5. The bullshit sentence is a little awkward, but I'd say that artistic personae are a combination of birth, influence and character, as much as they are a choice. That's all.
6. YOU WANNA GET IN IT MOTHERFUCKER CUZ WE WILL GET IN IT I WILL FUCK YOU UP SO BAD YOU'LL WISH YOUR MAMA'S MAMA'S MAMA HAD NEVER BEEN BORN. Nah, just kidding. I'm not really up for any more battling. Sorry if I've seemed condescending at any point. Really not my intention. I was honestly a bit baffled by this issue of the Ratio - maybe I should have clarified that I liked quite a lot of the material in previous issues more than this, so I was surprised. Anyway, if I really felt so superior I wouldn't have brought it up. I did think it was worth telling people about.

Posted by zoilus on March 1, 2005 02:03 PM



Now if we were honest, Carl "Zoilus" Wilson, we'd agree that you've been a bitch, especially if by "bitch" we mean "condescending," "petty," and
"snide." Oh, and "wrong." That last one's important, Zoilus.

Let's proceed in an organized fashion. I have many bones to pick, but let's start with just two.

1. You assert that The Ratio writers don't know what they're talking about.

"there's a lot of verbal shrugging"; "a final piece titled "Destroyer Is Smarter Than Me" ultimately seems to sum up the exercise"; "Why this extended examination of an artist whose work most of them seem to consider tuneful nonsense? They make no real answer"; "there's a lot of quoting of song lyrics followed by "what the hell?" expressions of puzzlement"; "perhaps your writers felt that if they couldn't give the right answer they shouldn't say anything at all"; and so on.

This is heady stuff, Zoilus; I hardly know where to begin.

So let's begin at the beginning. You, sensibly, insist that correctness of interpretation is not a goal to which we (that's you and I, Zoilus) should aspire, and for that I applaud you. You then critique The Ratio for failing to offer any interpretations at all. This is a lazy misreading on your part, but for now we'll let that slide. The bigger point is that you, a self-admitted interpreter of the first order ("Dan's lyrics are the primary thing I listen to Destroyer for"), claim for yourself a special understanding that others, apparently, fail to possess: " Dan's lyrics ... speak a language I'm really comfortable with."

Zoilus, this is grave. Not just because you, the New Critic, understand what the rest of us, you imply, cannot; but because you confuse expressions of bafflement with lack of critical acumen. If we don't offer interpretations, you claim, it's because we cannot.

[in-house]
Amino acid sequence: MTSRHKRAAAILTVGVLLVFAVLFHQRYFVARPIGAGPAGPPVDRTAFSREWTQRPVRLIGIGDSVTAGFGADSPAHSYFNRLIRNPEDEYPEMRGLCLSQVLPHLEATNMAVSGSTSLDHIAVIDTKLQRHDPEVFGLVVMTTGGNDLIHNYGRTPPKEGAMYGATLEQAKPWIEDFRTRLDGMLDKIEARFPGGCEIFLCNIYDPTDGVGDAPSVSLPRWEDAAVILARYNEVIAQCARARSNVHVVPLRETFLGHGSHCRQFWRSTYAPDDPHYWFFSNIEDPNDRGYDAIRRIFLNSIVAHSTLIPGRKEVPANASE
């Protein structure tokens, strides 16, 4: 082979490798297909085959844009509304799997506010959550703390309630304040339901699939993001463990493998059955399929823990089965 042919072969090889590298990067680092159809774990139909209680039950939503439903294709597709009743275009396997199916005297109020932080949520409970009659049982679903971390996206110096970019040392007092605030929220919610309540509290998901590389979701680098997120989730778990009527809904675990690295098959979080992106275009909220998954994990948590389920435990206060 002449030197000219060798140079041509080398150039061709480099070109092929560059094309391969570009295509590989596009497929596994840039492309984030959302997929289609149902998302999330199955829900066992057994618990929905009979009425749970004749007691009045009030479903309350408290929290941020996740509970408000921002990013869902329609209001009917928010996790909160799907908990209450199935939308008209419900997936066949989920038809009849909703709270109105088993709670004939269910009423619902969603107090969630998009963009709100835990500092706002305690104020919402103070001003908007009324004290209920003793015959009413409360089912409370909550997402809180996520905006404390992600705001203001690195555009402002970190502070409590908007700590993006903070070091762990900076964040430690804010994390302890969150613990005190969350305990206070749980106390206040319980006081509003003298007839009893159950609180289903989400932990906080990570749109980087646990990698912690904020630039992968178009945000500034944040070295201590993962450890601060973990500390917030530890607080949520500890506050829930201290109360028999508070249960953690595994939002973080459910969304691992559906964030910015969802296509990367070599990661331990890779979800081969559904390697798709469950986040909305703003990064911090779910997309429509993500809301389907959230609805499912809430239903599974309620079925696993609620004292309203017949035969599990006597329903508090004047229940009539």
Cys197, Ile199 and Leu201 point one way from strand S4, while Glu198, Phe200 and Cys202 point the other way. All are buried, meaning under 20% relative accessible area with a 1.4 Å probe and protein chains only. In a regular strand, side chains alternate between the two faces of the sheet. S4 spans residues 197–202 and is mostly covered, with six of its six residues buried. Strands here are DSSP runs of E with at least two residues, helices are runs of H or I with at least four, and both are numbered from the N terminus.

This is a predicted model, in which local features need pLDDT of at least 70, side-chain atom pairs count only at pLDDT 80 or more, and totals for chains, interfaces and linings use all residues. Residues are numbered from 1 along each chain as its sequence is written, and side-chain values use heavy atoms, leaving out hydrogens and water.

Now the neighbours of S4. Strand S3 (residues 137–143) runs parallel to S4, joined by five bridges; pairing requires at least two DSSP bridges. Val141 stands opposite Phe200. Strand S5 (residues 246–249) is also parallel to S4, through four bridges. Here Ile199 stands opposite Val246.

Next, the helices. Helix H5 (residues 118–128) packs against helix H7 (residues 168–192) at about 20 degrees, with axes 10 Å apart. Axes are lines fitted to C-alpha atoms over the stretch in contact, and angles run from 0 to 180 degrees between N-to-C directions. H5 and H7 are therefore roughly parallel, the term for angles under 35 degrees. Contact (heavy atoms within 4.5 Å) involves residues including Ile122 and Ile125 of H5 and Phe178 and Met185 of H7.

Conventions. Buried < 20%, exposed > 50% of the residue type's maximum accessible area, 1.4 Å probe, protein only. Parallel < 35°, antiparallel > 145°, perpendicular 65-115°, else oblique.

This is, it should hardly need saying, nonsense. The admission of unfamiliarity with a cultural product, the journals of anthropology will
tell you, Zoilus, is a proper and fitting mode for an encounter with alterity, or, for our purposes, bizarre song lyrics. Failure to advance an interpretation is not, Zoilus, critical cowardice, but a refreshing, even bold, way of embarking on an investigation of the work. Read The Ratio, Zoilus, there's lots of knowledge there; what you'll also find is a record
of different ways of listening to music, and of making sense of lyrics. Explication de texte is not the only option.

If you want a test of close reading, then fine. En garde! But that's not the point, is it, Zoilus? No, you said so yourself. Or did you? You claim that your stated concerns about the correctness of interpretation were tongue-in-cheek, and that, anyway, you were talking about the music, not the lyrics. Yet your original article on Your Blues is riddled through
with foggy statements about "what it all means," and I highly doubt that your state of the union address, to make a reference I'm sure you'll
appreciate, is based on the music alone. And if it were, then what a gross act of interpretataion you have performed: music and poetry (or lyrics)
are not the same, Zoilus. They don't mean the same way.

Shall we move on? We shall.

2. You insult the writers of The Ratio by calling them fan-boys, and inept ones at that.

"if you've ever wished there was a Destroyer fan club with badges and hats and a weekly
newsletter, and that after a few years a couple of the members put a selection of stuff from the newsletter on their website, now there's a
simulation of that experience."

Well, hypocrite lecteur, let's have a look at your own admissions of complicity: "As a longtime friend and champion of Dan"; "I feel sure I
would love this album even if I had never met anyone involved, but in reality, my affection for it is also a deep fraternal pride, my love
affair with these songs also a family affair."

Ah! So you understand Destroyer better than everyone else because you are his friend! But of course! That's silly, Zoilus, and you know better than that. Don't you?